By Mike Kaszuba

The Minnesota Legislature moved closer Friday to allowing alcohol in both the premium and general seating areas of the University of Minnesota's TCF Bank Stadium.

A House-Senate conference committee approved a proposal to allow alcohol sales in the stadium's premium seating -- a move the university has wanted -- provided alcohol was also made available in at least a third of the general seating.  In an attempt to get the university to accept the condition, the panel inserted language giving the school wide lattitude over where in the general seating areas that would occur.

After Friday's meeting, the conferees said they felt confident the full House and Senate would adopt the plan as early as Saturday. 

University officials have not committed to the new plan, and have in the past argued that few schools -- espcially those in the Big Ten athletic conference -- allow alcohol in the general seating areas.

"I don't know if they'll embrace this," said Sen. Geoff Michel, R-Edina, a conference committee member.

In a key change from a plan that suddenly passed the House late Thursday, the new language maintains that "it is solely within the discretion"of the university to decide which general seating areas would serve alcohol.  Legislators said that the language would make it possible for the school to use wrist bands, so-called beer gardens or other innovative approaches to make alcohol available in the general seating areas.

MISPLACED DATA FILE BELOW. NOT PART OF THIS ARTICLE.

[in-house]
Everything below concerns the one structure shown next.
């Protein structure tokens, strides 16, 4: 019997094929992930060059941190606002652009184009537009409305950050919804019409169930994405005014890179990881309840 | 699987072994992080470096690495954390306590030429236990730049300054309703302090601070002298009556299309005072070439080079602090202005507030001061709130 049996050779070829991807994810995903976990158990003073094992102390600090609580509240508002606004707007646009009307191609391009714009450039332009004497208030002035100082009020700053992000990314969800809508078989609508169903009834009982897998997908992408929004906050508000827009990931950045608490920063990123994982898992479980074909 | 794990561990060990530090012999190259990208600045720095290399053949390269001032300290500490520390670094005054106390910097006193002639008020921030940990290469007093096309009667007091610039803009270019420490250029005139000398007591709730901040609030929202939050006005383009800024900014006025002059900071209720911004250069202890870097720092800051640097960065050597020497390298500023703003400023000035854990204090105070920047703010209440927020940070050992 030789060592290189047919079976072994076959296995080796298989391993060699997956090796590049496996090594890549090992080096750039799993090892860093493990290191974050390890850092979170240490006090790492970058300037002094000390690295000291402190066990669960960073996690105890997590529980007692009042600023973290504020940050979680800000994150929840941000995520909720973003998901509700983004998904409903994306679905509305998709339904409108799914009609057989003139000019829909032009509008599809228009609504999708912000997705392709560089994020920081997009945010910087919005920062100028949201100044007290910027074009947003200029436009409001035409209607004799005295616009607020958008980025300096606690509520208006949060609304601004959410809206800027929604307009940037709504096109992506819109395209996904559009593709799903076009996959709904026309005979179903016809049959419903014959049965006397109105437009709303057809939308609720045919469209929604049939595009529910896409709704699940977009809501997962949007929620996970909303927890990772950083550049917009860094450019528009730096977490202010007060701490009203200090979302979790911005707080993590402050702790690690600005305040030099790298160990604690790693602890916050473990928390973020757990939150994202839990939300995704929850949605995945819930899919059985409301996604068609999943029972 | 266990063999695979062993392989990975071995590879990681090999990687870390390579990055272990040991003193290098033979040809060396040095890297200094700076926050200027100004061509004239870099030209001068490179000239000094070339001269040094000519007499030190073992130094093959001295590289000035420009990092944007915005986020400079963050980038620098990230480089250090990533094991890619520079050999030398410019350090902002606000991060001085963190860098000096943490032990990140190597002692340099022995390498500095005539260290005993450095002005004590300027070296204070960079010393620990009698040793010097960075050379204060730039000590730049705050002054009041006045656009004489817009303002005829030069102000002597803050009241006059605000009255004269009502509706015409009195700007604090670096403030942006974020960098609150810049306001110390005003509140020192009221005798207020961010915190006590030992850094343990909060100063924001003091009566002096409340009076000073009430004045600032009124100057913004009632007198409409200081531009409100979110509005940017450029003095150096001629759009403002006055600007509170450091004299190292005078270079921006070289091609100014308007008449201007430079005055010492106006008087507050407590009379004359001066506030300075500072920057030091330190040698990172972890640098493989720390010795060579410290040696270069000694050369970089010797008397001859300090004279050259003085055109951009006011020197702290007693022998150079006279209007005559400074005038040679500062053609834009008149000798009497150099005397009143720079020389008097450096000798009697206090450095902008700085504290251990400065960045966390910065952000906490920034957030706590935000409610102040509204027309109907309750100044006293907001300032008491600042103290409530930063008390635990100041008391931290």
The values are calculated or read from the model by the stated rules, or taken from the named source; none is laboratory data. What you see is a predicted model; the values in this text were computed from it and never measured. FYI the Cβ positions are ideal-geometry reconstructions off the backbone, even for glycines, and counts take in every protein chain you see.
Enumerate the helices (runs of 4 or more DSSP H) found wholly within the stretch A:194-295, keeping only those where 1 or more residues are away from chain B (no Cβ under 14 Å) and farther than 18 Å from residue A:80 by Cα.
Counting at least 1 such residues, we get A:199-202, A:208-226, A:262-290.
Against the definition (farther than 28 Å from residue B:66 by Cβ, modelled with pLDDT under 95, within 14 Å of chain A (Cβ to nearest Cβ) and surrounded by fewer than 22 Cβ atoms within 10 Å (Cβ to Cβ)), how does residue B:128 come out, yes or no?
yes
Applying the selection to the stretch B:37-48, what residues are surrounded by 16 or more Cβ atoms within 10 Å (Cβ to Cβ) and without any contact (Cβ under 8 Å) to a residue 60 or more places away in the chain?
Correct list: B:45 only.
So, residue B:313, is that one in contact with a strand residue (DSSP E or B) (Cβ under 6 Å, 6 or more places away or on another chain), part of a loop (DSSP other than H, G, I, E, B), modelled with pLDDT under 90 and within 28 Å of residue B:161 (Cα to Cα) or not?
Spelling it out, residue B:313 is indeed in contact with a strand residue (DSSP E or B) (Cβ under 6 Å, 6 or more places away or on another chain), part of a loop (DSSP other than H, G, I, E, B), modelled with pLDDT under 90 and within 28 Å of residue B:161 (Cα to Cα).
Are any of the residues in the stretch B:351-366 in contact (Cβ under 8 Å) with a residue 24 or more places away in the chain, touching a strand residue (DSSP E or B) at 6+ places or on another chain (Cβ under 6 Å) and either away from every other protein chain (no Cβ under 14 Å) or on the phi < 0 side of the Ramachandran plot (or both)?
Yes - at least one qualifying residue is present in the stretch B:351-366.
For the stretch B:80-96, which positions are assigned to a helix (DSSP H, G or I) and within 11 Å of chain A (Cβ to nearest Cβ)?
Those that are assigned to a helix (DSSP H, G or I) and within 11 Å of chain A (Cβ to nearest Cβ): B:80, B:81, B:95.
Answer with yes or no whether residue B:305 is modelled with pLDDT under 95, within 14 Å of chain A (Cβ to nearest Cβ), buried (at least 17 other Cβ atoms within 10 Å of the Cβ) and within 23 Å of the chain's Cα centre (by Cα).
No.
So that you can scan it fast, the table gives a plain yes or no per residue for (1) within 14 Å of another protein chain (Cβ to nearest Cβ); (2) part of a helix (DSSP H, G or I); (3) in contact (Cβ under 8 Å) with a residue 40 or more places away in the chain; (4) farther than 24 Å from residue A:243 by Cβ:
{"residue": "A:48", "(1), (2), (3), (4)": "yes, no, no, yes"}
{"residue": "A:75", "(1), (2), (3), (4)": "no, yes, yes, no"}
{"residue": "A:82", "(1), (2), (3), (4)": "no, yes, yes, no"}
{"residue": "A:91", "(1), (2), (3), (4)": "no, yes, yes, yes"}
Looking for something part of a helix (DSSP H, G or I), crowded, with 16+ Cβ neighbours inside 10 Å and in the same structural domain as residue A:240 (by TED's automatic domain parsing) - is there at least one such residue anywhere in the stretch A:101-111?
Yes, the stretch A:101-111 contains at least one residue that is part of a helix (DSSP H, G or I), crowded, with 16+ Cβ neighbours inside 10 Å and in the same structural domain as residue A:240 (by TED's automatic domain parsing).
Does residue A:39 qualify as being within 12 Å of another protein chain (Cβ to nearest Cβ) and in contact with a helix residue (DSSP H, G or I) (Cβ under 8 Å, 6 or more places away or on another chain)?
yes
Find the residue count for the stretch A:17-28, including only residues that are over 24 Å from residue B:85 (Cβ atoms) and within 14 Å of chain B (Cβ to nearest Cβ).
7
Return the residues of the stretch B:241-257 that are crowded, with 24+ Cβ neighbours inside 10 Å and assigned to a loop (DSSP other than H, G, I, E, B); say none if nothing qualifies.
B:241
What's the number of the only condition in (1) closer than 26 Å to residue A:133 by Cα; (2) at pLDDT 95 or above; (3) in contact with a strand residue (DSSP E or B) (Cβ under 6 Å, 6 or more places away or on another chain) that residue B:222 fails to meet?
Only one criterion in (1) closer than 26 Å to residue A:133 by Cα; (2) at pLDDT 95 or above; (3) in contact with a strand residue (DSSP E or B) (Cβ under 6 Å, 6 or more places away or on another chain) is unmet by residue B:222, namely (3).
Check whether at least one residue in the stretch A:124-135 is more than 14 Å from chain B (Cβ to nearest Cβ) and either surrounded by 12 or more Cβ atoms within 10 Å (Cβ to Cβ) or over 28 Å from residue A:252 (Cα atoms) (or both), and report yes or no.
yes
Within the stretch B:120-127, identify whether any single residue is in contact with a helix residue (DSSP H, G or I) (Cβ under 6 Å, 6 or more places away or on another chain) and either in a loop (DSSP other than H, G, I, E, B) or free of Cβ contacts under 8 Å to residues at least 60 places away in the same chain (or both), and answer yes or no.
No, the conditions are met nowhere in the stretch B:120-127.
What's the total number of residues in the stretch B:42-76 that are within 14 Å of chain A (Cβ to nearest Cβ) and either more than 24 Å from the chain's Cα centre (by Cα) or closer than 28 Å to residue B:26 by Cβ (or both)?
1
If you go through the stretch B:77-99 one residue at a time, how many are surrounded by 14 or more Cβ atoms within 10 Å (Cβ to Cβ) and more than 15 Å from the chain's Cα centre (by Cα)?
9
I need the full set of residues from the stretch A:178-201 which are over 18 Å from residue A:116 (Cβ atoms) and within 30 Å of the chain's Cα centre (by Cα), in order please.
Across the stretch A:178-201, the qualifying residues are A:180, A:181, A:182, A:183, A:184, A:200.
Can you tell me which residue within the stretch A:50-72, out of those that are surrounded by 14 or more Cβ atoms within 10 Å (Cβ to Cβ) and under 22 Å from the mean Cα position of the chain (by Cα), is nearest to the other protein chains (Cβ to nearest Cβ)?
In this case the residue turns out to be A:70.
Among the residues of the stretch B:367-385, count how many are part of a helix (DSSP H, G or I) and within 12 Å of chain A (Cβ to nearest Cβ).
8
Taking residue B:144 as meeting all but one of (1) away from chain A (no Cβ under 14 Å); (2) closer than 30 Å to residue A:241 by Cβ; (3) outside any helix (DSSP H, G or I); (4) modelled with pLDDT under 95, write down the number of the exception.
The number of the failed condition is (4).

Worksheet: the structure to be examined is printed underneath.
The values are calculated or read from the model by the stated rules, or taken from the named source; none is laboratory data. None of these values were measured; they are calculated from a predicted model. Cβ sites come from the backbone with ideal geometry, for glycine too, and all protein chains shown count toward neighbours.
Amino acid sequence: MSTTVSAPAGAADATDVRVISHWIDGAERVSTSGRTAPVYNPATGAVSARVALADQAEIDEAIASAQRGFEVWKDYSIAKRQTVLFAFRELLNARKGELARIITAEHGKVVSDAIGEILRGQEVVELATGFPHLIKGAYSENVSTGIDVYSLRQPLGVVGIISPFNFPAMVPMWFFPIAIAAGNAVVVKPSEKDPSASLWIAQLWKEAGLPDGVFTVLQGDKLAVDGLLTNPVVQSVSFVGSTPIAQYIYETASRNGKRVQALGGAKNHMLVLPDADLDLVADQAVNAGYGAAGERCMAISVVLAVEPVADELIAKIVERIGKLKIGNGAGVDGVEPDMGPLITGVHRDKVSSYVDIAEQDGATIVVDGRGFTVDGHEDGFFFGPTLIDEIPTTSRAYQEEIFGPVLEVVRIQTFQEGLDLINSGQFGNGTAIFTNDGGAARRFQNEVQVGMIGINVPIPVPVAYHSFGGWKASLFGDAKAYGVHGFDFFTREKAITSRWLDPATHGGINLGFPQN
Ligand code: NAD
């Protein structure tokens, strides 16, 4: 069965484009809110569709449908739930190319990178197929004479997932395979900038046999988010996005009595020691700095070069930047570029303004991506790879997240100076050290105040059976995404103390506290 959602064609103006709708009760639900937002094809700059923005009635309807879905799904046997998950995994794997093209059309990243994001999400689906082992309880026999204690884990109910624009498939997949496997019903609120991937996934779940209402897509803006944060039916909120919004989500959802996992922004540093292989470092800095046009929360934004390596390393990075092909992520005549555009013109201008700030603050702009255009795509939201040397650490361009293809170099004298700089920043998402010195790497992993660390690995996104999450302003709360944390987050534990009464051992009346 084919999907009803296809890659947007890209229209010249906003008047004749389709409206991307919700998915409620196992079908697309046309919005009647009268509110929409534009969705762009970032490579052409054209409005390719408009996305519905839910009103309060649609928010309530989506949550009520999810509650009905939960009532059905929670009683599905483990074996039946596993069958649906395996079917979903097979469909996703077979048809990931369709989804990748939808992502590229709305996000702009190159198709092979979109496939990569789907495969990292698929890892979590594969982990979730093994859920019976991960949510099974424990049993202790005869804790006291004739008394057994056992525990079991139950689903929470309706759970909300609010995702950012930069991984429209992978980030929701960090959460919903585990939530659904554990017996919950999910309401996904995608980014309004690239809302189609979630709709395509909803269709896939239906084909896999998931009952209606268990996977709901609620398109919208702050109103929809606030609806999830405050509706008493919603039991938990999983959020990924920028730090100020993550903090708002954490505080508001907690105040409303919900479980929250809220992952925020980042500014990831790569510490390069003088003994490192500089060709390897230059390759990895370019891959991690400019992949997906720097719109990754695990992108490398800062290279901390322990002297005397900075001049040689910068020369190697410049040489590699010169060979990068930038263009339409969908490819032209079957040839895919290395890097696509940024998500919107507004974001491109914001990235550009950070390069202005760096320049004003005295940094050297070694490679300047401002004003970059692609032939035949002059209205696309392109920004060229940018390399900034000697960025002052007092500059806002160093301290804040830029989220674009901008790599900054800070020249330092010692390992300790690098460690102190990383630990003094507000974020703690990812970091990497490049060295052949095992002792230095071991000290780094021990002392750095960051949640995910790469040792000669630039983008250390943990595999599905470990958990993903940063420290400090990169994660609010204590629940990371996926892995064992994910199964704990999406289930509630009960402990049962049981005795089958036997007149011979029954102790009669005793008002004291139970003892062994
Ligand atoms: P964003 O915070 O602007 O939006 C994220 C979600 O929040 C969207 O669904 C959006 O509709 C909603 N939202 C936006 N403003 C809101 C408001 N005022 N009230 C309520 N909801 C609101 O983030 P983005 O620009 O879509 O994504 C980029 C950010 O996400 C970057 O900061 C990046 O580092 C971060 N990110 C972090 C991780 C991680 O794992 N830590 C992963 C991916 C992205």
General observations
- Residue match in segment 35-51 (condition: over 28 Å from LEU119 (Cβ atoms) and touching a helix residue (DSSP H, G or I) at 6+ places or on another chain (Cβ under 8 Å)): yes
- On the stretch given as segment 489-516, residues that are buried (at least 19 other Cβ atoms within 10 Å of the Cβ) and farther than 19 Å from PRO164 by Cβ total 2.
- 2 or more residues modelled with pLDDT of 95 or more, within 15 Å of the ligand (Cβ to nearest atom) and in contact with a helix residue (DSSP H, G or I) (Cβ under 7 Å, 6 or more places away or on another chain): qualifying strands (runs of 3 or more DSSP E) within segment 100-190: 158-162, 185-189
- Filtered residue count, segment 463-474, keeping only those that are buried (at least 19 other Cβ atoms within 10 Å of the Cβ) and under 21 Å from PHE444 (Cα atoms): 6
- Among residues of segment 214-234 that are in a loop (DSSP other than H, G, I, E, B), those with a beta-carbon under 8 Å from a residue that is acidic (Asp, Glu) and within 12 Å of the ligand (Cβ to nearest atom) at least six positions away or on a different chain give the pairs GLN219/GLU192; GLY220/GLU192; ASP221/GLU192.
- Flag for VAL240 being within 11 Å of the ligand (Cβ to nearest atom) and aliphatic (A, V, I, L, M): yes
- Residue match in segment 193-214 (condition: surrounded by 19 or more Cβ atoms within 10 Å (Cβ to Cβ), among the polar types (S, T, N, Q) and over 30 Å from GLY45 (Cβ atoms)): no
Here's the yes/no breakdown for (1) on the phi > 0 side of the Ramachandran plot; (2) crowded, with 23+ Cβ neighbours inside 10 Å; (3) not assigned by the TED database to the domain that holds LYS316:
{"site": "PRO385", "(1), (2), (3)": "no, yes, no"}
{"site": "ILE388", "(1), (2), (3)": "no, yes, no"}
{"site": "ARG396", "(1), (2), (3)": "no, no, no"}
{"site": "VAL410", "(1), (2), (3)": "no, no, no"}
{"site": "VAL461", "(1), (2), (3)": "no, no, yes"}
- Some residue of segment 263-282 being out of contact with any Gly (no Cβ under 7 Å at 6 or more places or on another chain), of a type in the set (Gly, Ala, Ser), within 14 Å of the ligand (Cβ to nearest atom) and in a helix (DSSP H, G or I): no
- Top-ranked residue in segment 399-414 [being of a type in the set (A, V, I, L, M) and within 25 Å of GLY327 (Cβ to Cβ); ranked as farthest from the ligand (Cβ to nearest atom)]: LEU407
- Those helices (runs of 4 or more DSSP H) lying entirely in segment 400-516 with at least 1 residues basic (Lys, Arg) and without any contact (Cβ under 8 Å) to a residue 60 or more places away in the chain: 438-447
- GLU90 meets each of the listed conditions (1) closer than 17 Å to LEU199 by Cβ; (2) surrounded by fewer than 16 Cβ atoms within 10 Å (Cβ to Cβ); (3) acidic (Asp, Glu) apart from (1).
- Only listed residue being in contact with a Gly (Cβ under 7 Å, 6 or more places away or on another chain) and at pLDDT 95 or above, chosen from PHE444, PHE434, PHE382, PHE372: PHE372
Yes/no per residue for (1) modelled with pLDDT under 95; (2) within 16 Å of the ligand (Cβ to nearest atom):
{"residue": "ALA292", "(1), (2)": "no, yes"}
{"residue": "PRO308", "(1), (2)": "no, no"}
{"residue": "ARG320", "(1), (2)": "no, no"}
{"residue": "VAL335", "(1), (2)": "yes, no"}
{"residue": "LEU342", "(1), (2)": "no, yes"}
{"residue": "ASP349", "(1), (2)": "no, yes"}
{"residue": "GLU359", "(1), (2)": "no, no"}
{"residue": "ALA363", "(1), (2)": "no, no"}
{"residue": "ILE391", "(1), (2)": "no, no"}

As part of the plan, 75 percent of the revenue from the alcohol sales would go to scholarships for Minnesota undergraduate students from families with annual adjusted gross incomes of less than $100,000.

The university last year prohibited alcohol sales throughout the stadium -- and in other on-campus athletic arenas -- after the Legislature and Gov. Tim Pawlenty maintained that alcohol had to be available to all ticket holders at TCF Bank Stadium, or none of them.  Rep. Tom Rukavina, DFL-Virgina, who became a leading opponent of selectively offering alcohol only in the premium seats, called the university's original plan "rather elitist."

Under the new proposal that will go before the House and Senate, legislators said the plan would also apply to both the school's hockey and basketball arenas as well as non-athletic events -- such as concerts at TCF Bank Stadium -- held in those arenas.

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